Day By Day© by Chris Muir.

Tuesday, January 25, 2005

Random thoughts

*** I was watching an old Great Performances show about American Popular Music which included a lovely segment about popular music in WWII. One of the points the show made (entirely without irony considering its PBS origins) was that the American entertainment industry threw itself wholeheartedly behind the war effort. One of the most popular songs -- and one of my favorite songs -- was this Irving Berlin song, which he originally wrote during WWI:

God Bless America, Land that I love. Stand beside her, And guide here, Through the night with a light from above. From the mountains, To the prairies, To the oceans, white with foam, God Bless America, My home, sweet home.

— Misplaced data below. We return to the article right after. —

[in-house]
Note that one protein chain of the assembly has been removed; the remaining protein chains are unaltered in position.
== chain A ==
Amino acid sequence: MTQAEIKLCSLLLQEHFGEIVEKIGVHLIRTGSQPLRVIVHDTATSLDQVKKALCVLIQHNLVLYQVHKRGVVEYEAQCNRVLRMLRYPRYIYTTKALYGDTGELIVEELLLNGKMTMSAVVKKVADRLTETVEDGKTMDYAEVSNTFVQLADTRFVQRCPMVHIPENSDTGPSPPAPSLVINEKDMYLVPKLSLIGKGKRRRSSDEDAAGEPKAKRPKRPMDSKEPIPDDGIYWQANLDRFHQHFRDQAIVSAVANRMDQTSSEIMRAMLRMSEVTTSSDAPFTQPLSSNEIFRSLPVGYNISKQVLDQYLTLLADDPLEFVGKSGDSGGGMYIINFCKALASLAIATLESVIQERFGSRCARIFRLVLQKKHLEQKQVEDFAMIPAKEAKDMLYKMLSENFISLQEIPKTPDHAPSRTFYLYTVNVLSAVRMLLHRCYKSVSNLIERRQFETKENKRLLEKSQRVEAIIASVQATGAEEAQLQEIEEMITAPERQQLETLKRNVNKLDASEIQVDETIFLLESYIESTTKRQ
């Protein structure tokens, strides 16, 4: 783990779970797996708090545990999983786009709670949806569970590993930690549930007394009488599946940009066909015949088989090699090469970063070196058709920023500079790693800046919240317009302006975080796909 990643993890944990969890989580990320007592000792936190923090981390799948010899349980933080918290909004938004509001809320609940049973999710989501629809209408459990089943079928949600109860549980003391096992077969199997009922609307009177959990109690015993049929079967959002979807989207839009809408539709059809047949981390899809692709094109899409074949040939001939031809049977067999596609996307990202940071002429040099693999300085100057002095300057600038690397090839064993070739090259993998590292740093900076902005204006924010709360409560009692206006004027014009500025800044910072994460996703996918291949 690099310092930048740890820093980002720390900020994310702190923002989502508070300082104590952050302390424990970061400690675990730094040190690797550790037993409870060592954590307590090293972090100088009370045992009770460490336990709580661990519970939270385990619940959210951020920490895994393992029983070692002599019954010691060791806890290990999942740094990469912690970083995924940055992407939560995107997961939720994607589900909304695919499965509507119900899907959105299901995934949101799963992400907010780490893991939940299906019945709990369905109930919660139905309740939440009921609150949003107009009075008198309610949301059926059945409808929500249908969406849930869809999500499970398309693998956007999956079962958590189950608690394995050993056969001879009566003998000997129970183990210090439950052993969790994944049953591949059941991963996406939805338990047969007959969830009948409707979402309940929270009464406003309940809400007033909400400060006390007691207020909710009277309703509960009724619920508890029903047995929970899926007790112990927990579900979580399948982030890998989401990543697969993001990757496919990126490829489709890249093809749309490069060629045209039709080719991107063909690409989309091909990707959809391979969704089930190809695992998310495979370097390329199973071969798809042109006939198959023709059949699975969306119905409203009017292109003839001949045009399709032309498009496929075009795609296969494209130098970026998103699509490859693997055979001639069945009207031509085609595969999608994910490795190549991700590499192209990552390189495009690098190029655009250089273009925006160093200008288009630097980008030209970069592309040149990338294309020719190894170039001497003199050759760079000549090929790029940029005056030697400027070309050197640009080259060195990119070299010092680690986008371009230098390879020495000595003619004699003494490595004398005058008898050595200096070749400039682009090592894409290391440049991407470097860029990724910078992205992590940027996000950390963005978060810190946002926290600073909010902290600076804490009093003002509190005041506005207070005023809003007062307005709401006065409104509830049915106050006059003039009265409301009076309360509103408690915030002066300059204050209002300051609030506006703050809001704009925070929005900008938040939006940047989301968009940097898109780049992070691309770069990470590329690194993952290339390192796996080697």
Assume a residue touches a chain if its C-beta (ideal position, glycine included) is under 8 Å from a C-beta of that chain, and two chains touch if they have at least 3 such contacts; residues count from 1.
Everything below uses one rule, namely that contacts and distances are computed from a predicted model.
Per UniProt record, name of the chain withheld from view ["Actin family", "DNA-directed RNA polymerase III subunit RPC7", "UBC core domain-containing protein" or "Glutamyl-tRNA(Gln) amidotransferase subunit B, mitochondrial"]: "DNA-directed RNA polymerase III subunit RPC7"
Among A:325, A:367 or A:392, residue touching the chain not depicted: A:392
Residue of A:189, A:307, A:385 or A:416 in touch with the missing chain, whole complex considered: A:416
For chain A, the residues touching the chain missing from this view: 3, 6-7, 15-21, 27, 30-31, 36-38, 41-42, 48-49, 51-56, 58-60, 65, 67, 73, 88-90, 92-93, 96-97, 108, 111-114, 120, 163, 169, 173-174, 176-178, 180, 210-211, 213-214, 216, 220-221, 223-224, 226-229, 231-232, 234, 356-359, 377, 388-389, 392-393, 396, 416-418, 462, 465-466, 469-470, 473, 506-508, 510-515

What a lovely, simple expression of American patriotism. I'm admitted entirely ignorant about current American popular music, but I'd be willing to bet that no one has composed something comparable. Also, if memory serves me correctly, immediately after 9/11, people all over America turned to "God Bless America" again as the song that could best express the emotions of our nation at war. That's a testament both to the song's timelessness, and to the unavailability of any current music to fill that emotional need. *** Thinking of war got me thinking about the World War Two Memorial in Washington, D.C. (Click here for pictures.) Personally, I find the memorial a bit bombastic. What was incredibly moving when I was there, though, was the visitors. The day I was there, survivors from a unit that was at the Battle of the Bulge were there too. The memorial site was filled with hundreds of very old, often very sick old men, their equally aged and ill wives, and their children and grandchildren. And practically to a man, the old men were crying, as they remembered the most horrible, meaningful, important time in their lives. If you can watch dozens and dozens of old warriors weeping without tearing up yourself, you have a heart of stone. What I wondered, though, is what that cold stone monument's impact will be when there are no more warriors who visit and remember.